Cabinet will discuss and make decisions about the future of border restrictions today, Prime Minister Jacinda Ardern says.
Speaking to Morning Report, Ardern said the latest advice to the government from epidemiologist Sir David Skegg and his team - who have been advising the government on how to safely re-open the border - had been received late yesterday.
"We've been very much wanting to make sure that while we're in this period of dealing with Omicron that we're carefully easing up at the border so that we don't necessarily over-burden our health system, but with so many cases in New Zealand now, it makes sense to look at those settings.
"Cabinet will discuss and make decisions today," she said, adding that any decisions reached would be addressed at this afternoon's post-Cabinet press briefing.
The prime minister's comments came as tensions continued to simmer over the government's response to events both domestic and international.
Watch the PM speaking to Morning Report here:
Vaccine mandates also continue to be a sticking point, with the occupation of Parliament grounds entering its fourth week, and the High Court ruling that mandates for police and defence force staff are unlawful.
Ardern said the government was yet to decide whether to appeal Friday's decision but noted that four other court cases related to mandates had been upheld by the High Court.
"On this one, the judge has made the call that they are no longer justified in order to ensure business continuity."
There was no comment within the judgment about whether the mandates were justified at the time they were implemented, Ardern said, adding that police and the Defence Force had asked for the mandate to be applied to them because they had concerns around their business continuity.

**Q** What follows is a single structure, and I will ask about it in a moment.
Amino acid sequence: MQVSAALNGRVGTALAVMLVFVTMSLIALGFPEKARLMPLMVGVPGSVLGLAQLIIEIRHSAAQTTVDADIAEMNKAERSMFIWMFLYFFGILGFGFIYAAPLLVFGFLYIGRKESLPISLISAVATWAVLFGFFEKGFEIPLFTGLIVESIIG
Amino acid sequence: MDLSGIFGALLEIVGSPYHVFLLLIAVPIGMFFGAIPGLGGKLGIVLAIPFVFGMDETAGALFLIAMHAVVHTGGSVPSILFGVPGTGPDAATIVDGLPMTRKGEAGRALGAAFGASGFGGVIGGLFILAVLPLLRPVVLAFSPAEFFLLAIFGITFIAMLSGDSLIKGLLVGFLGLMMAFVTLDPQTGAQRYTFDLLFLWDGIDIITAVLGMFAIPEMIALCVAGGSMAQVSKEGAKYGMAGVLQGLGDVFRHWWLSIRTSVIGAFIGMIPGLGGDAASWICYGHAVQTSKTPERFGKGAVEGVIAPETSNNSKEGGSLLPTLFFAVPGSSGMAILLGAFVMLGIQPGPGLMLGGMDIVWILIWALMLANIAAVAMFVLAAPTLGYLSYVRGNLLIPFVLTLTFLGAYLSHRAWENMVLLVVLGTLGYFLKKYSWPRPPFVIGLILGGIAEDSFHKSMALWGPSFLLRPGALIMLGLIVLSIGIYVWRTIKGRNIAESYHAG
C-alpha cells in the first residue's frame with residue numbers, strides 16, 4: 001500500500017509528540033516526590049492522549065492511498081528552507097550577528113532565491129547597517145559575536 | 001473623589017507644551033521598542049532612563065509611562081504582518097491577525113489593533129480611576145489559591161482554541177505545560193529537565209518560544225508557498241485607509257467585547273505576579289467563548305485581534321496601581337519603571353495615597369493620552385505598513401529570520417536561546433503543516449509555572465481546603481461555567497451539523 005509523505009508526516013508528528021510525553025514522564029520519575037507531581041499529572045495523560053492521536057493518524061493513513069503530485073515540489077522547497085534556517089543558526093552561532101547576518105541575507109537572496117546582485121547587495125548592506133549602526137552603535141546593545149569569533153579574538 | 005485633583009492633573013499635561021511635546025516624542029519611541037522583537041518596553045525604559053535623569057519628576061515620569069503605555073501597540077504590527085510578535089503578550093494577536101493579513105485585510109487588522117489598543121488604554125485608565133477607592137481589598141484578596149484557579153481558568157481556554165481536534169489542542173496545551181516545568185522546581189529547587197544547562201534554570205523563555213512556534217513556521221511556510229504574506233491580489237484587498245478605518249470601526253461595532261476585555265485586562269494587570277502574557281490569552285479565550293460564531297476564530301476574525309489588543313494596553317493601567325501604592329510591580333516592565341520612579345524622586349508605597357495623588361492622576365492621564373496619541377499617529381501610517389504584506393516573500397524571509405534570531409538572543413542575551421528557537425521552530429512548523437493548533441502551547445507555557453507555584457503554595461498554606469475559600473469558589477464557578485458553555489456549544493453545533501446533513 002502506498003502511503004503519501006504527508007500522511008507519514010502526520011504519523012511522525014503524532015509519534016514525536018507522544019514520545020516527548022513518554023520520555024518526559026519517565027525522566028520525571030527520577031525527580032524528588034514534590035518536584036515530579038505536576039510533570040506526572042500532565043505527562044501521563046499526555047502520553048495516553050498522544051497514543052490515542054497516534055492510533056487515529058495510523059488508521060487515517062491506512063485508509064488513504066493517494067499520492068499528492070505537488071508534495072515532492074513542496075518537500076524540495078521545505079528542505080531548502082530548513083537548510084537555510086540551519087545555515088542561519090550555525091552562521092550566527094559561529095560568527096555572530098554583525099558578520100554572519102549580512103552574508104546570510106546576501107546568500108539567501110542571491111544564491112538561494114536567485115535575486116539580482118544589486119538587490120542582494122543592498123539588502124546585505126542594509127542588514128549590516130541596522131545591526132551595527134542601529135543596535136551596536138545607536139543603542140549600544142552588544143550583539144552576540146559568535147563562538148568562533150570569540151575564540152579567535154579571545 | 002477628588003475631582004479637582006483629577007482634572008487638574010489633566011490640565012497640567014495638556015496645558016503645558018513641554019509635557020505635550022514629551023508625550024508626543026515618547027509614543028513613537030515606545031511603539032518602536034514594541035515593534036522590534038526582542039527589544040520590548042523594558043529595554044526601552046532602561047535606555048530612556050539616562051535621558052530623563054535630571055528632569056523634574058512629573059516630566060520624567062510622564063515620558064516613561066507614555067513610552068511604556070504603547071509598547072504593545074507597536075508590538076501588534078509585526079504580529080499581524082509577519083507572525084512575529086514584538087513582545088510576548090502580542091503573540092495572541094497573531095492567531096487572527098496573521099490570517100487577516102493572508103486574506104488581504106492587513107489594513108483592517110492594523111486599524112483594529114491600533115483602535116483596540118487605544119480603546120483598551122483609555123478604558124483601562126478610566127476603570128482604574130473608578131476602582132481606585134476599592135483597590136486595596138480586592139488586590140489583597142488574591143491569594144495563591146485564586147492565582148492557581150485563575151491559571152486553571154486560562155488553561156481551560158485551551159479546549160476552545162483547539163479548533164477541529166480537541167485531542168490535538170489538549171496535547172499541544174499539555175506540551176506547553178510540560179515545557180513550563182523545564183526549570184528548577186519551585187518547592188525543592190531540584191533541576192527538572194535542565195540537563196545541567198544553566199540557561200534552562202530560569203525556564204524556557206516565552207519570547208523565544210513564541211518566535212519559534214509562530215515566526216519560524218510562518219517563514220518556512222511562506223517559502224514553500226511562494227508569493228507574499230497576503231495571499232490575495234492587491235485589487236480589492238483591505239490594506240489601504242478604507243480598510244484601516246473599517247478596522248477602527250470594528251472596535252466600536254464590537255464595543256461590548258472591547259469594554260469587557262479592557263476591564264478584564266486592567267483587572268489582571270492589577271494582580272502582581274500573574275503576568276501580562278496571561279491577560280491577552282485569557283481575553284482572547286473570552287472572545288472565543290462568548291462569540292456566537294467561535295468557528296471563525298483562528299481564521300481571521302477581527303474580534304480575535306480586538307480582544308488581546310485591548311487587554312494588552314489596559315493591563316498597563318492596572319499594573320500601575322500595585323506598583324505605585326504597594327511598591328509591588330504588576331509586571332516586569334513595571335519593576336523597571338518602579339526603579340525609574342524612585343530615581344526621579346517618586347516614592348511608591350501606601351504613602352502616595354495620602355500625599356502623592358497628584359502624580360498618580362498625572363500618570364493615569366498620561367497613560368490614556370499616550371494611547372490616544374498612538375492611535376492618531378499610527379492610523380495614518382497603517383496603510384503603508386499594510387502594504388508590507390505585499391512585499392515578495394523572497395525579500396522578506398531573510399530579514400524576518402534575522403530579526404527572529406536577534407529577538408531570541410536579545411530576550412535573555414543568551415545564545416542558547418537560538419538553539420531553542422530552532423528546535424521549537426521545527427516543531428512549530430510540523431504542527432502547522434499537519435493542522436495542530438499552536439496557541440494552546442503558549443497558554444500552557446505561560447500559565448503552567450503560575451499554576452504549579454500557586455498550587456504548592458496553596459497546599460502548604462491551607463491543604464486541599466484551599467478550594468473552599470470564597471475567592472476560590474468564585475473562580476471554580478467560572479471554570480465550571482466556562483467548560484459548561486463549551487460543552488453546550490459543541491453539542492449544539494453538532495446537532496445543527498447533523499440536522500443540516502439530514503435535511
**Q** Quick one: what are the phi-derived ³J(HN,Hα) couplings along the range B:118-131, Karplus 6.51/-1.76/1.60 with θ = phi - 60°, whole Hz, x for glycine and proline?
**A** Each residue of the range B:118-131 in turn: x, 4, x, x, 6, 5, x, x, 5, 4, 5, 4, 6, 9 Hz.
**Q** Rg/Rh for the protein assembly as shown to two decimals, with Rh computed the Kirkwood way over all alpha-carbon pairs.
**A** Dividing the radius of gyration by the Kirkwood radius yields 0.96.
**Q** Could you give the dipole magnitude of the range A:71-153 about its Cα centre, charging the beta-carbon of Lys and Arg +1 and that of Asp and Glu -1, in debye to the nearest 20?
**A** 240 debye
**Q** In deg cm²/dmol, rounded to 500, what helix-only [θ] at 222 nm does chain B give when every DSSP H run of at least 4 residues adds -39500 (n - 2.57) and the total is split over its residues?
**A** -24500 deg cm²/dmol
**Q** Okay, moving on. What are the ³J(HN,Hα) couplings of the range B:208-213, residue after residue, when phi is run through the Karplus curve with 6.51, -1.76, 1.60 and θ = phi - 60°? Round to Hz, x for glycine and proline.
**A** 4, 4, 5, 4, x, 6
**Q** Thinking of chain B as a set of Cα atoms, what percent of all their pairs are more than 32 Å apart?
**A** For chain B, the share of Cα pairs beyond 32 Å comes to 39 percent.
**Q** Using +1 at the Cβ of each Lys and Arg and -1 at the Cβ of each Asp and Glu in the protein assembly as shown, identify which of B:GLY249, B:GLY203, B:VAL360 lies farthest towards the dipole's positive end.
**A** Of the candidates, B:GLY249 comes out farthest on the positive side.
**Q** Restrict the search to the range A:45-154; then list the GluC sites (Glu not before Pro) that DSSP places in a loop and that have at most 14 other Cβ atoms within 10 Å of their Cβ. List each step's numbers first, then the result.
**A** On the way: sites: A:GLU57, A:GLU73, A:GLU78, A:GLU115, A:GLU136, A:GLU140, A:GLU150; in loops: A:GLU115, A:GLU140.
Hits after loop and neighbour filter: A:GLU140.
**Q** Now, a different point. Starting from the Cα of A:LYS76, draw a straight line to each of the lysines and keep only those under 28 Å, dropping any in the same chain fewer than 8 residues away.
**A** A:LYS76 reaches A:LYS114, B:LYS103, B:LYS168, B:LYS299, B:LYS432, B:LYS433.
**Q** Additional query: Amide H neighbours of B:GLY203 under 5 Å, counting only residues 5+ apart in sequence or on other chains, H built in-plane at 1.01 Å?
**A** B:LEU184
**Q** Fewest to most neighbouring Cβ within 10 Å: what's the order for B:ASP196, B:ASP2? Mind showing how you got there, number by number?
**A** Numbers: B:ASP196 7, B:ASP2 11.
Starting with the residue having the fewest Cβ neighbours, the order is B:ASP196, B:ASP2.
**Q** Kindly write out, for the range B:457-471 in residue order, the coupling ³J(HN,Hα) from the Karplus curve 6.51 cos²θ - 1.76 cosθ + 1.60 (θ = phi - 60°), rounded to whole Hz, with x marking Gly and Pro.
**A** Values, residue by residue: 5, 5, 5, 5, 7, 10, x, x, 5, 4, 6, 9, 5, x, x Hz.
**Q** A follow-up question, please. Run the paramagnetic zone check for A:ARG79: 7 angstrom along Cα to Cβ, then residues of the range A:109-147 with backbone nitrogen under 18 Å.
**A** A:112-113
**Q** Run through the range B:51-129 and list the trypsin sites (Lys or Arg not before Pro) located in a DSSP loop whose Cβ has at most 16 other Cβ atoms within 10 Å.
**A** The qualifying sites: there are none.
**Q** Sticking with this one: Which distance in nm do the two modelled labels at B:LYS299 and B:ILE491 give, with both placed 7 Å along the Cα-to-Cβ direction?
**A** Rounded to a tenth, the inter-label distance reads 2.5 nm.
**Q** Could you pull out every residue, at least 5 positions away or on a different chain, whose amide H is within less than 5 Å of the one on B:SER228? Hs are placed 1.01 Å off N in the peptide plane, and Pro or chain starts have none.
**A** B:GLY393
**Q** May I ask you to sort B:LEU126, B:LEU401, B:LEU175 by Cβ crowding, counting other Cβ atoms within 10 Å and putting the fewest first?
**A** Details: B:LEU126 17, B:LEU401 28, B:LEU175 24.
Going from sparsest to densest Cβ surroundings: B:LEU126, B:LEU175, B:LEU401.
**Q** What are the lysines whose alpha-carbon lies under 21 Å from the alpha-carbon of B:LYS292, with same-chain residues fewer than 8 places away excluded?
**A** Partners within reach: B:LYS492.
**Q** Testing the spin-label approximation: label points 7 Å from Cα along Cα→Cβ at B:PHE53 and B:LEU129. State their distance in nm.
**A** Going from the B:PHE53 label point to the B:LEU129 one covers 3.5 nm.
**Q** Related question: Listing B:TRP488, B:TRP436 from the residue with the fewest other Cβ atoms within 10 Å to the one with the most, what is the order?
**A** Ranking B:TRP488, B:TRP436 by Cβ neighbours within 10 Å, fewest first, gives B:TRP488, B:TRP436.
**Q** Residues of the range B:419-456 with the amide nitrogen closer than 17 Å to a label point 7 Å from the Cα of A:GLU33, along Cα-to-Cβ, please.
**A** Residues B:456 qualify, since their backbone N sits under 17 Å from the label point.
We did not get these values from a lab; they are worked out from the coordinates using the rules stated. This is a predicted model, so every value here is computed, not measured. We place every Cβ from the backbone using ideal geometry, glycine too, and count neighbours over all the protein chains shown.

"Theirs was a specific order. Health have a different rationale for theirs."
Ardern said the judge was "very explicit" that Friday's judgment wasn't "a judgment on mandates per se or the efficacy and importance of vaccines."
Addressing the country's surging current Covid-19 cases and hospitalisation rates, Ardern said she would not describe the numbers as "unexpected".
The increased use of rapid antigen testing (RATs) was providing a greater sense of the level of confirmed cases in the community, she said.
"Hospitalisations themselves will often tell you whether you're missing cases. But, at the moment, we're not vastly out of whack with what we've seen around the hospitalisation rates in other countries."
Internationally, tough action is being called for against Russia, as hundreds of thousands of people flee Ukraine.
Russian President Vladimir Putin has ordered his military command to put nuclear-armed forces on high alert as Ukrainian fighters defending the city of Kharkiv said they had repelled an attack by invading Russian troops.
Ardern said the government hadn't ruled out looking at implementing an autonomous sanctions regime which would allow New Zealand to implement its own sanctions on Russia, though it wasn't currently on the agenda.
"We have traditionally, of course, worked through those multi-lateral organisations, we've tended to take of course the collective lead of the United Nations in applying where it is New Zealand would enact sanctions."
She said the veto power at the UN Security Council was "problematic".
"We've lobbied for reform on that, so it's fair to say we've tried to enact change."
Other actions against Russia had already been taken by New Zealand, Ardern said, among them travel bans on 80 individuals and export controls orders.
The government was now also considering whether some individuals in Belarus should be added to the travel ban list, she said.
"We're also asking for additional advice on whether or not there's any other acts we should be undertaking or any other measures we should be undertaking that may affect, for instance, Russian investment into New Zealand."